Profit Payoff Matrix BB BS (WW profit, BBBS profit) Produce Cournot q Produce Cartel q WW Produce Cournot q 1518, 1518 1721, 1458 Produce Cartel q 1458, 1721 1620, 1620

d. Suppose WW can set its output level before BBBS does. How much will WW choose to produce in this case? How much will BBBS produce? What is the market price, and what is the profit for each firm? Is WW better off by choosing its output first? Explain why or why not.

*10. Two firms compete by choosing price. Their demand functions are Q1 = 20 – P1 + P2 and Q2 = 20 + P1 – P2

where P1 and P2 are the prices charged by each firm respectively and Q1 and Q2 are the resulting demands. (Note that the demand for each good depends only on the difference in prices; if the two firms colluded and set the same price, they could make that price as high as they want, and earn infinite profits.) Marginal costs are zero.

a. Suppose the two firms set their prices at the same time. Find the resulting Nash equilibrium. What price will each firm charge, how much will it sell, and what will its profit be? (Hint: Maximize the profit of each firm with respect to its price.)

b. Suppose Firm 1 sets its price first, and then Firm 2 sets its price. What price will each firm charge, how much will it sell, and what will its profit be?

c. Suppose you are one of these firms, and there are three ways you could play the game: (i) Both firms set price at the same time. (ii) You set price first. (iii) Your competitor sets price first. If you could choose among these, which would you prefer? Explain why.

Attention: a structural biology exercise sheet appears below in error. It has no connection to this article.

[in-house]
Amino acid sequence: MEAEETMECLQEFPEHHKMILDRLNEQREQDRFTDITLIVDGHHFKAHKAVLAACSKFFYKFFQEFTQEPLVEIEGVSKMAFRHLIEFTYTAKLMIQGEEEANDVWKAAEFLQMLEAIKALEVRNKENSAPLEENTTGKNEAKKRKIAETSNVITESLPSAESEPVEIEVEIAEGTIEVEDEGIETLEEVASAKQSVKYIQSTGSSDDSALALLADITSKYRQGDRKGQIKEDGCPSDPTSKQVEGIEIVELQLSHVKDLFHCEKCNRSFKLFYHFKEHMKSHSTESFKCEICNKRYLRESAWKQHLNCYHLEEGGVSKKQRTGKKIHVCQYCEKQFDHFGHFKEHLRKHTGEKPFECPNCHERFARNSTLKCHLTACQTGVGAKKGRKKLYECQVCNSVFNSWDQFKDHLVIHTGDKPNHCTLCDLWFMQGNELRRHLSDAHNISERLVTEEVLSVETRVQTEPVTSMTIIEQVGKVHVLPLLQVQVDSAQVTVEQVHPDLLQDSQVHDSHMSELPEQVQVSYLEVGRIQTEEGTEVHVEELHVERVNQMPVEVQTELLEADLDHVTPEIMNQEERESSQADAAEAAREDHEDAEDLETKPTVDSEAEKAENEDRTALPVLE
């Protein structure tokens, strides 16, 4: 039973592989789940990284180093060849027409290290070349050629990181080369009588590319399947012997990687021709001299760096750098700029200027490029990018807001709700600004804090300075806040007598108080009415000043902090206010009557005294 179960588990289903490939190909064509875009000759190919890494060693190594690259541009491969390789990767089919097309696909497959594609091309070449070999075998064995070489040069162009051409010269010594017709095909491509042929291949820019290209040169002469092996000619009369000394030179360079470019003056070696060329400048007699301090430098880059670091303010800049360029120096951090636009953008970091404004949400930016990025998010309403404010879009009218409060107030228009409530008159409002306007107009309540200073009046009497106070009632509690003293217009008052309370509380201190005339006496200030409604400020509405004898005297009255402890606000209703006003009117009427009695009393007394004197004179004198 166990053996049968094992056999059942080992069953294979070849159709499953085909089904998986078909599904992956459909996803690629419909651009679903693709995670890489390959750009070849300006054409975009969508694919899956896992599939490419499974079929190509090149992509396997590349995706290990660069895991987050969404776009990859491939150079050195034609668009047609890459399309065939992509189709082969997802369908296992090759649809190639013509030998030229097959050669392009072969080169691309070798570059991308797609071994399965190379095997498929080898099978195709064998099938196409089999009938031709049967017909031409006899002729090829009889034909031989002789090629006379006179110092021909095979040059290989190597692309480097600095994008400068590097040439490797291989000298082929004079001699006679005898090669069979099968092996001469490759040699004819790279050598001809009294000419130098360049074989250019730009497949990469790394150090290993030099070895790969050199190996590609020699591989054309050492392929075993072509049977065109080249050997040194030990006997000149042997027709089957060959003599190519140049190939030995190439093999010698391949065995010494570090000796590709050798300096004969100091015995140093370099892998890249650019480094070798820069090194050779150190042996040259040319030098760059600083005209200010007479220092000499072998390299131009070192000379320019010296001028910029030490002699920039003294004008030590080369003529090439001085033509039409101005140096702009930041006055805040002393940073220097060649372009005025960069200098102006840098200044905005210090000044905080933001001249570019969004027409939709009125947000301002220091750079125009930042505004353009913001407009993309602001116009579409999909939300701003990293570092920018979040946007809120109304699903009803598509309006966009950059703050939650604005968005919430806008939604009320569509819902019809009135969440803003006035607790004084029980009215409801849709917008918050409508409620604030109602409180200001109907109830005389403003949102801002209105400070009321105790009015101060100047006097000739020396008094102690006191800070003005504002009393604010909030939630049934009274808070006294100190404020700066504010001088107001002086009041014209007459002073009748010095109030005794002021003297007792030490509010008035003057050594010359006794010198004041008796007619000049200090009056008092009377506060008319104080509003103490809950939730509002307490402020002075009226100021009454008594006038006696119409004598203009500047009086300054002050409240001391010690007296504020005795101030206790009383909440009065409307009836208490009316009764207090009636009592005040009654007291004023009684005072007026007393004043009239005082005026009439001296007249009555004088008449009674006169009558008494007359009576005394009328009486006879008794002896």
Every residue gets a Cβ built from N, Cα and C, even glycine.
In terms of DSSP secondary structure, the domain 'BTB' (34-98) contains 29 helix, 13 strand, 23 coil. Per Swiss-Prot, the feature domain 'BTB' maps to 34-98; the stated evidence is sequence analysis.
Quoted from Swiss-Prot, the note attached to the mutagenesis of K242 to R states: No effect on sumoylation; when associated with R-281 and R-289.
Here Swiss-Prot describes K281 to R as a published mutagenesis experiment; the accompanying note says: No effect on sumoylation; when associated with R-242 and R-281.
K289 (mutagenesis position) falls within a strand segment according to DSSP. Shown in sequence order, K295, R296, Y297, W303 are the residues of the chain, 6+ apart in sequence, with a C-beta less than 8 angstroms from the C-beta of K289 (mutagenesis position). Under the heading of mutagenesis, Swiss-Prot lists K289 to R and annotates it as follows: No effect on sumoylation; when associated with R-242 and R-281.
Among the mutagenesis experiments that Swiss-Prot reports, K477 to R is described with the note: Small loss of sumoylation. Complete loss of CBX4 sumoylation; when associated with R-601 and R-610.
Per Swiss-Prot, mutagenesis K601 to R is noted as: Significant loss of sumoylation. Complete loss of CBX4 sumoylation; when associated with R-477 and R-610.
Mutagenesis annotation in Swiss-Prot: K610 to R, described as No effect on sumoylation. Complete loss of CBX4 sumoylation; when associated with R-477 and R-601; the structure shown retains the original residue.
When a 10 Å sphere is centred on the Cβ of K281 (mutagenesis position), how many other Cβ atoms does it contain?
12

*11. The dominant firm model can help us understand the behavior of some cartels. Let us apply this model to the OPEC oil cartel. We shall use isoelastic curves to describe world demand W and noncartel (competitive) supply S. Reasonable numbers for the price elasticities of world demand and non-cartel supply are -1/2 and 1/2, respectively. Then, expressing W and S in millions of barrels per day (mb/d), we could write

W = 160P -1/2 and S = 3(1/3)P1/2.

Note that OPEC’s net demand is D = W – S.

a. Sketch the world demand curve W, the non-OPEC supply curve S, OPEC’s net demand curve D, and OPEC’s marginal revenue curve. For purposes of approximation, assume OPEC’s production cost is zero. Indicate OPEC’s optimal price, OPEC’s optimal production, and non-OPEC production on the diagram. Now, show on the diagram how the various curves will shift, and how OPEC’s optimal price will change if non-OPEC supply becomes more expensive because reserves of oil start running out.

b. Calculate OPEC’s optimal (profit-maximizing) price. (Hint: Because OPEC’s cost is zero, just write the expression for OPEC revenue and find the price that maximizes it.)

c. Suppose the oil-consuming countries were to unite and form a “buyers’ cartel” to gain monopsony power. What can we say, and what can’t we say, about the impact this would have on price?

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12. A lemon-growing cartel consists of four orchards. Their total cost functions are:

(TC is in hundreds of dollars, Q is in cartons per month picked and shipped.)

a. Tabulate total, average, and marginal costs for each firm for output levels between 1 and 5 cartons per month (i.e., for 1, 2, 3, 4, and 5 cartons).

b. If the cartel decided to ship 10 cartons per month and set a price of 25 per carton, how should output be allocated among the firms?